How the bluest asteroid in the solar system got its color

An unusual blue-tinted asteroid likely got its signature color from intense sunlight, new research finds, solving a decades-old mystery.

The blue color of the asteroid Phaeton has puzzled scientists since the space rock was discovered in the early 1980s. Now, a new study suggests Phaethon’s unique orbit is responsible for the space rock’s odd hue.

Phaethon walks the Sun in an elliptical orbit that brings it closer to the star than any other asteroid. And although this close approach is only brief and Phaethon then withdraws beyond the orbit of Marchthe intensity of sunlight the asteroid is exposed to during these flybys is enough to gradually strip its surface of the red chemical compounds that astronomers see in asteroids that remain farther from the sun.

Related: Sodium ‘fizz’ gives big asteroid Phaethon its weird comet-like appearance

During its close passes, Phaethon approaches within 13 million miles (21 million kilometers) of the sun. That’s three times closer to the sun than the orbit of Mercurythe solar systemthe most secret planet. As Phaethon passes near the star, the asteroid’s surface heats up to 1,500 degrees Fahrenheit (800 degrees Celsius). The new study suggests that this heat triggers a chain of chemical reactions that vaporize iron-rich substances and red organic compounds.

“You’re basically not blushing the surface,” said Carey Lisse, senior planetary scientist at Johns Hopkins University’s Applied Physics Laboratory in Laurel, Maryland, and lead author of the study. statement. “Although some of the red color re-accumulates as Phaethon orbits beyond Mars, it is lost again as Phaethon approaches the sun. After thousands of revolutions, only materials remain that reflect colors darker and colder.”

Scientists modeled the chemical composition of Phaethon’s surface in detail and calculated what happens to those chemicals as the asteroid’s temperature changes along its orbit.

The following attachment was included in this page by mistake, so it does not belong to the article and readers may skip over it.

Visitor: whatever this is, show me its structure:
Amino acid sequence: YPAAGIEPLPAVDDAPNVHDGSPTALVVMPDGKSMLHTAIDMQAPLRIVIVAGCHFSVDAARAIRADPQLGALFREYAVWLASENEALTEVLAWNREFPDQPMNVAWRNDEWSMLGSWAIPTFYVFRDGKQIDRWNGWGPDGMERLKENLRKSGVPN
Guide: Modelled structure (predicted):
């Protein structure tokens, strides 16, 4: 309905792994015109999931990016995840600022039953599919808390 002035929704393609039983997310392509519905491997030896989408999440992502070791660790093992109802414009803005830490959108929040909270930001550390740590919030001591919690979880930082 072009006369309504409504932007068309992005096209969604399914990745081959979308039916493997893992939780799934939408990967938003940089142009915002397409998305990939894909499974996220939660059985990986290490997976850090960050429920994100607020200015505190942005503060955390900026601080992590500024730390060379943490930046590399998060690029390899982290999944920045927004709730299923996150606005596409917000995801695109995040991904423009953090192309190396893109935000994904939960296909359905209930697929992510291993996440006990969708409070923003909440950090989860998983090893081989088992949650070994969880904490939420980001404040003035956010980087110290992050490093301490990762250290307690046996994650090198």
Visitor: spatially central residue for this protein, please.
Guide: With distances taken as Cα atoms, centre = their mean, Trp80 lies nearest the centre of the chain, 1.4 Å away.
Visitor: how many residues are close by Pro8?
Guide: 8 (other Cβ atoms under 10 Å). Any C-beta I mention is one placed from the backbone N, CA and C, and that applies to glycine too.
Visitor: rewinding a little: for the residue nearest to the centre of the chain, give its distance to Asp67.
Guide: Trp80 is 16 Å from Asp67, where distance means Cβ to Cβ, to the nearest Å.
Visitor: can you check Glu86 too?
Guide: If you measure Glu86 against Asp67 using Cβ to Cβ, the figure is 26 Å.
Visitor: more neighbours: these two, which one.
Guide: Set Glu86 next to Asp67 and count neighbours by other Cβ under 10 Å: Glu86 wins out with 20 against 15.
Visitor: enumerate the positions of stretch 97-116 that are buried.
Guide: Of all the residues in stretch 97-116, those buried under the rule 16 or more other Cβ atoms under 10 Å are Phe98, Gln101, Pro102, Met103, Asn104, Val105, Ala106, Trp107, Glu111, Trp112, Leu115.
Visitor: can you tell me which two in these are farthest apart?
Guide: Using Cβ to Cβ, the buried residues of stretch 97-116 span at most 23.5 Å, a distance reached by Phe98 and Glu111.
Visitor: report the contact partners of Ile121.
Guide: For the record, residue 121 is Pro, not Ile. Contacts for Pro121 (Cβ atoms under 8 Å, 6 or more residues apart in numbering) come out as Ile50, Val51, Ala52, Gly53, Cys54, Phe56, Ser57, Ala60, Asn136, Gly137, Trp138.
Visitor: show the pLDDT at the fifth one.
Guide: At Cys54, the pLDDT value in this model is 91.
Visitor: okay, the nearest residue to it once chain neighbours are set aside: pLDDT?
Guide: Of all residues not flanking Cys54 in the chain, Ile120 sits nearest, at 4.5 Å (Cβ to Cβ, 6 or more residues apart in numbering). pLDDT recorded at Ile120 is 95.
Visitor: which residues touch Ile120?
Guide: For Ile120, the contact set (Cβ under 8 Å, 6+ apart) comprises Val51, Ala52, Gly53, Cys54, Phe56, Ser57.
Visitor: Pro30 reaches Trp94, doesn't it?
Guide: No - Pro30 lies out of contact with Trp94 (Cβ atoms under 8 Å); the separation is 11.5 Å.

“I was a bit surprised that the idea actually worked,” said Jordan Steckloff, planetary scientist at the Planetary Science Institute in Tucson, Arizona, and co-author of the paper, in the release. “It just seems crazy to think that maybe Phaethon looks so blue because it’s so hot that it preferentially produces iron gas over rock gas, but apparently that’s not so. crazy after all.”

There are only a few dozen blue-tinted asteroids in the solar system, the researchers said, but Phaethon is the bluest of them all. Interestingly, several comets that dip close to the sun also have a distinct blue tint.

“These kinds of orbits take a very long time to evolve, but that’s exactly what we need: a process that requires the object to be very old and thermally evolved,” Steckloff said. “The story seems to hold.”

Baking carbon into soot at high temperatures near the sun may also contribute to Phaethon’s characteristic blue, Lisse said.

Scientists may learn more about this mysterious space rock in a few years, as the Japan Aerospace Exploration Agency plans to send an orbiter called DESTINY+ to study Phaethon.

The study was published online in the journal Icarus in April.

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Arline J. Mercier